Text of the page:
John Rowan: Dialectical Thinking

Dialectics is a form of thought which goes back a long way. In the West, Heraclitus in Ancient Greece was aware of it, and in the East, there are a number of thinkers who practised it. The Tao-Te-Ching is a good example of dialectical writing.

The first characteristic of dialectical thinking is that it places all the emphasis on change. Instead of talking about static structures, it talks about process and movement. Hence it is in line with all those philosophies which say – “Let’s not be deceived by what it is is now as we perceive it – let’s not pretend we can fix it and label it and turn it into something stiff and immutable – let’s look instead at how it changes.” Hence it denies much of the usefulness of formal logic, which starts from the proposition that “A is A,” and is nothing but A. For dialectics the corresponding proposition is “A is not simply A.” This is even true for things, but much more obviously true for people.

But the second characteristic, which sets it apart from any philosophy which emphasises smooth continuous change or progress, is that it states that the way change takes place is through conflict and opposition. Dialectics is always looking for the contradictions within people or situations as the main guide to what is going on and what is likely to happen. There are in fact three main propositions which are put forward about opposites and contradictions.

The interdependence of opposites This is the easiest thing to see: opposites depend on one another. It wouldn’t make sense to talk about darkness if there were no such thing as light. I really start to understand my love at the moment when I permit myself up understand my hate. In practice, each member of a polar opposition seems to need the other to make it what it is.

The interpenetration of opposites Here we see that opposites can be found within each other. Just because light is relative to darkness, there is some light in every darkness, and some darkness in every light. There is some hate in every love, and some love in every hate. If we look into one thing hard enough, we can always find its opposite right there. To see this frees us from the “either-or” which can be so oppressive and so stuck.

The unity of opposites So far we have been talking about relative opposites. But dialectics goes on to say that if we take an opposite to its very ultimate extreme, and make it absolute, it actually turns into its opposite. Thus if we make darkness absolute, we are blind – we can’t see anything. And if we make light absolute, we are equally blind and unable to see. In psychology, the equivalent of this is to idealise something. So if we take love to its extreme, and idealise it, we get morbid dependence, where our whole existence depends completely on the other person. And if we take hate to its extreme, and idealise it, we get morbid counterdependence, where our whole existence again depends completely on the other person. This appreciation of paradox is one of the strengths of the dialectical approach, which makes it superior to linear logic.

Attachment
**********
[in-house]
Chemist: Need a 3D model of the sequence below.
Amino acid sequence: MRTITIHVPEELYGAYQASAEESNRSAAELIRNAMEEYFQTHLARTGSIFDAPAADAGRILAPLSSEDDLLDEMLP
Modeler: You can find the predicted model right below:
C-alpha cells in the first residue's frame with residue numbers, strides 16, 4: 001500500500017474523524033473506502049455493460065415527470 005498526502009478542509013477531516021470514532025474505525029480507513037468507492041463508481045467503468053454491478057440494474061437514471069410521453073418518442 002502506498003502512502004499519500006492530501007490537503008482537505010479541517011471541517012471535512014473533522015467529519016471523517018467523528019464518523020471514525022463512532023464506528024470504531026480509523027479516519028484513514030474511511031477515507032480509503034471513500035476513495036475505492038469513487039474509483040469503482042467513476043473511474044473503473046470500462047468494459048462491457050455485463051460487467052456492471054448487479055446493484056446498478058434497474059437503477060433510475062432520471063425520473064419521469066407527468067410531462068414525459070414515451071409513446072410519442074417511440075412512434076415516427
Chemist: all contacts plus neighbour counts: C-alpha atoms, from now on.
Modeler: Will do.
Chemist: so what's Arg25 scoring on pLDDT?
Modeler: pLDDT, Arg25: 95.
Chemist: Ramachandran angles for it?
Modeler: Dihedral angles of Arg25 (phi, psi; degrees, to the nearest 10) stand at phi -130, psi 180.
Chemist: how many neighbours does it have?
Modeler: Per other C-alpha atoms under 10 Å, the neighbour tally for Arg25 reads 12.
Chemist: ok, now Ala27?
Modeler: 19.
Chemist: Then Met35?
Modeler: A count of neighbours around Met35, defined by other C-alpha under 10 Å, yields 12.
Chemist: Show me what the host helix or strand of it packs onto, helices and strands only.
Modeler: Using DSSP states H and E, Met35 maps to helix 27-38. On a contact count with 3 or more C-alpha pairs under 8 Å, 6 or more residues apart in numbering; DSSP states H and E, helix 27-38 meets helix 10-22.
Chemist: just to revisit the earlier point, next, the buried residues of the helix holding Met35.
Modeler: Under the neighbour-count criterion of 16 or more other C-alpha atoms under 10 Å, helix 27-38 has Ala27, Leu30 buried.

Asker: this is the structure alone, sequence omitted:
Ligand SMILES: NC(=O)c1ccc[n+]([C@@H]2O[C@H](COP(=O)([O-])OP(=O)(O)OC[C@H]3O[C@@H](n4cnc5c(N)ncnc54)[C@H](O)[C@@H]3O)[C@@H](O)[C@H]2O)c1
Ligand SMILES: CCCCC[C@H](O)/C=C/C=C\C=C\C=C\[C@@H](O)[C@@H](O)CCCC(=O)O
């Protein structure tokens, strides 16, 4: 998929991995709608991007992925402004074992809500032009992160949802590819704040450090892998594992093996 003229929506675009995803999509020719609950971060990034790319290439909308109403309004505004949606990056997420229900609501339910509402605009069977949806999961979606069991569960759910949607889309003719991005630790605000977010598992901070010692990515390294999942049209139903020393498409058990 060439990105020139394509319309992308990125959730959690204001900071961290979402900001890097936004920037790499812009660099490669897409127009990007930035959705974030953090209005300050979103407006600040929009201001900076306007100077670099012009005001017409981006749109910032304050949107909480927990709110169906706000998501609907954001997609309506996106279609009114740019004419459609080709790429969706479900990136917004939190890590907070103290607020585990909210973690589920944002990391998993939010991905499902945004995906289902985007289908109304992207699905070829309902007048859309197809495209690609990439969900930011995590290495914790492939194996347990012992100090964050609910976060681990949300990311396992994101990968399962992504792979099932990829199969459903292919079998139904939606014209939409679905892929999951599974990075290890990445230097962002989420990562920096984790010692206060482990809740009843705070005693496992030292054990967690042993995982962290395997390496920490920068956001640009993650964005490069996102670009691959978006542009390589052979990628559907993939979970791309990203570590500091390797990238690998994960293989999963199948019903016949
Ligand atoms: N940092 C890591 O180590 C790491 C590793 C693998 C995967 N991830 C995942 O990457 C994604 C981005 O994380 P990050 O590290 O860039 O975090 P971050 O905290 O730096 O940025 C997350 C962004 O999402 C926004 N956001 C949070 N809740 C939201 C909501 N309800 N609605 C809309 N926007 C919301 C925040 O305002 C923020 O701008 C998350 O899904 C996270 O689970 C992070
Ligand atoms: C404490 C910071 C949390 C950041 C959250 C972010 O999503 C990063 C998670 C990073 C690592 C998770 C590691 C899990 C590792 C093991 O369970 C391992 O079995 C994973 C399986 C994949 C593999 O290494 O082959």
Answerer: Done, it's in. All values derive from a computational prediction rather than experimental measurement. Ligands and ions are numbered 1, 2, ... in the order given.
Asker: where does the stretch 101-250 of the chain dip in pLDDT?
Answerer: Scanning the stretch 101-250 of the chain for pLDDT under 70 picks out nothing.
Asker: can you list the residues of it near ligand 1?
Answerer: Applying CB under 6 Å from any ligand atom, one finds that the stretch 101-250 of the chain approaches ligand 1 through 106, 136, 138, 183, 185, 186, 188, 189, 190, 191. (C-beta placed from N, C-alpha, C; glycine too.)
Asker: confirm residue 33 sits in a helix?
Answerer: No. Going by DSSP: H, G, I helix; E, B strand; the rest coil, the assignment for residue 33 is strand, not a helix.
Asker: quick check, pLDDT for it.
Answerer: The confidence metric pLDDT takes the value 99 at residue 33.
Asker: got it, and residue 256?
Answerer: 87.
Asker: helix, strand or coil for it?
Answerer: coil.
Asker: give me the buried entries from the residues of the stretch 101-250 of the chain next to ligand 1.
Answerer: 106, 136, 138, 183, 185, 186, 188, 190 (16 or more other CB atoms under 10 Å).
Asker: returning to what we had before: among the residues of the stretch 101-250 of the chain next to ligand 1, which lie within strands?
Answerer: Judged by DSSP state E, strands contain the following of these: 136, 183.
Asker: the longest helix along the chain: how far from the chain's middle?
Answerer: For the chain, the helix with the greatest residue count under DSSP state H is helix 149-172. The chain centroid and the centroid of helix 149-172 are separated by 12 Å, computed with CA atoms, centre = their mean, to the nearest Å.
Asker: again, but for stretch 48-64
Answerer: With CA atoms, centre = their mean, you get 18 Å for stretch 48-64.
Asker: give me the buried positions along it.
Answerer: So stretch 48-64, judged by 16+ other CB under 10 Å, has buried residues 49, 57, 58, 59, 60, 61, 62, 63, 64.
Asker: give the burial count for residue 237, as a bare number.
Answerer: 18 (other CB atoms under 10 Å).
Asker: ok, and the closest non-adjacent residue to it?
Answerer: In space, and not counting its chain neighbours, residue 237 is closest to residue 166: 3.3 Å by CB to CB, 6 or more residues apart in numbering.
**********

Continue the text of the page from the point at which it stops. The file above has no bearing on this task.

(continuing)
A good symbol for these three processes is the Yin-Yang symbol of Taoism. The interdependence of opposites is shown in each half being defined by the contours of the other. The interpenetration of opposites is expressed by having a black spot in the innermost centre of the white area, and a white spot in the innermost centre of the black area. The unity of opposites is shown by the circle surrounding the symbol, which expresses total unity and unbroken serenity in and through all the seeming opposition. It is, after all, one symbol.

The lessons of the dialectic are hard ones. It tells us that any value we have, if held to in a one-sided way, will become an illusion. We shall try to take it as excluding its opposite, but really it will include it. And if we take it to its extreme, and idealise it, it will turn into its opposite. So peace and love, cosmic harmony, the pursuit of happiness and all the rest are doomed, if held to in this exclusive way.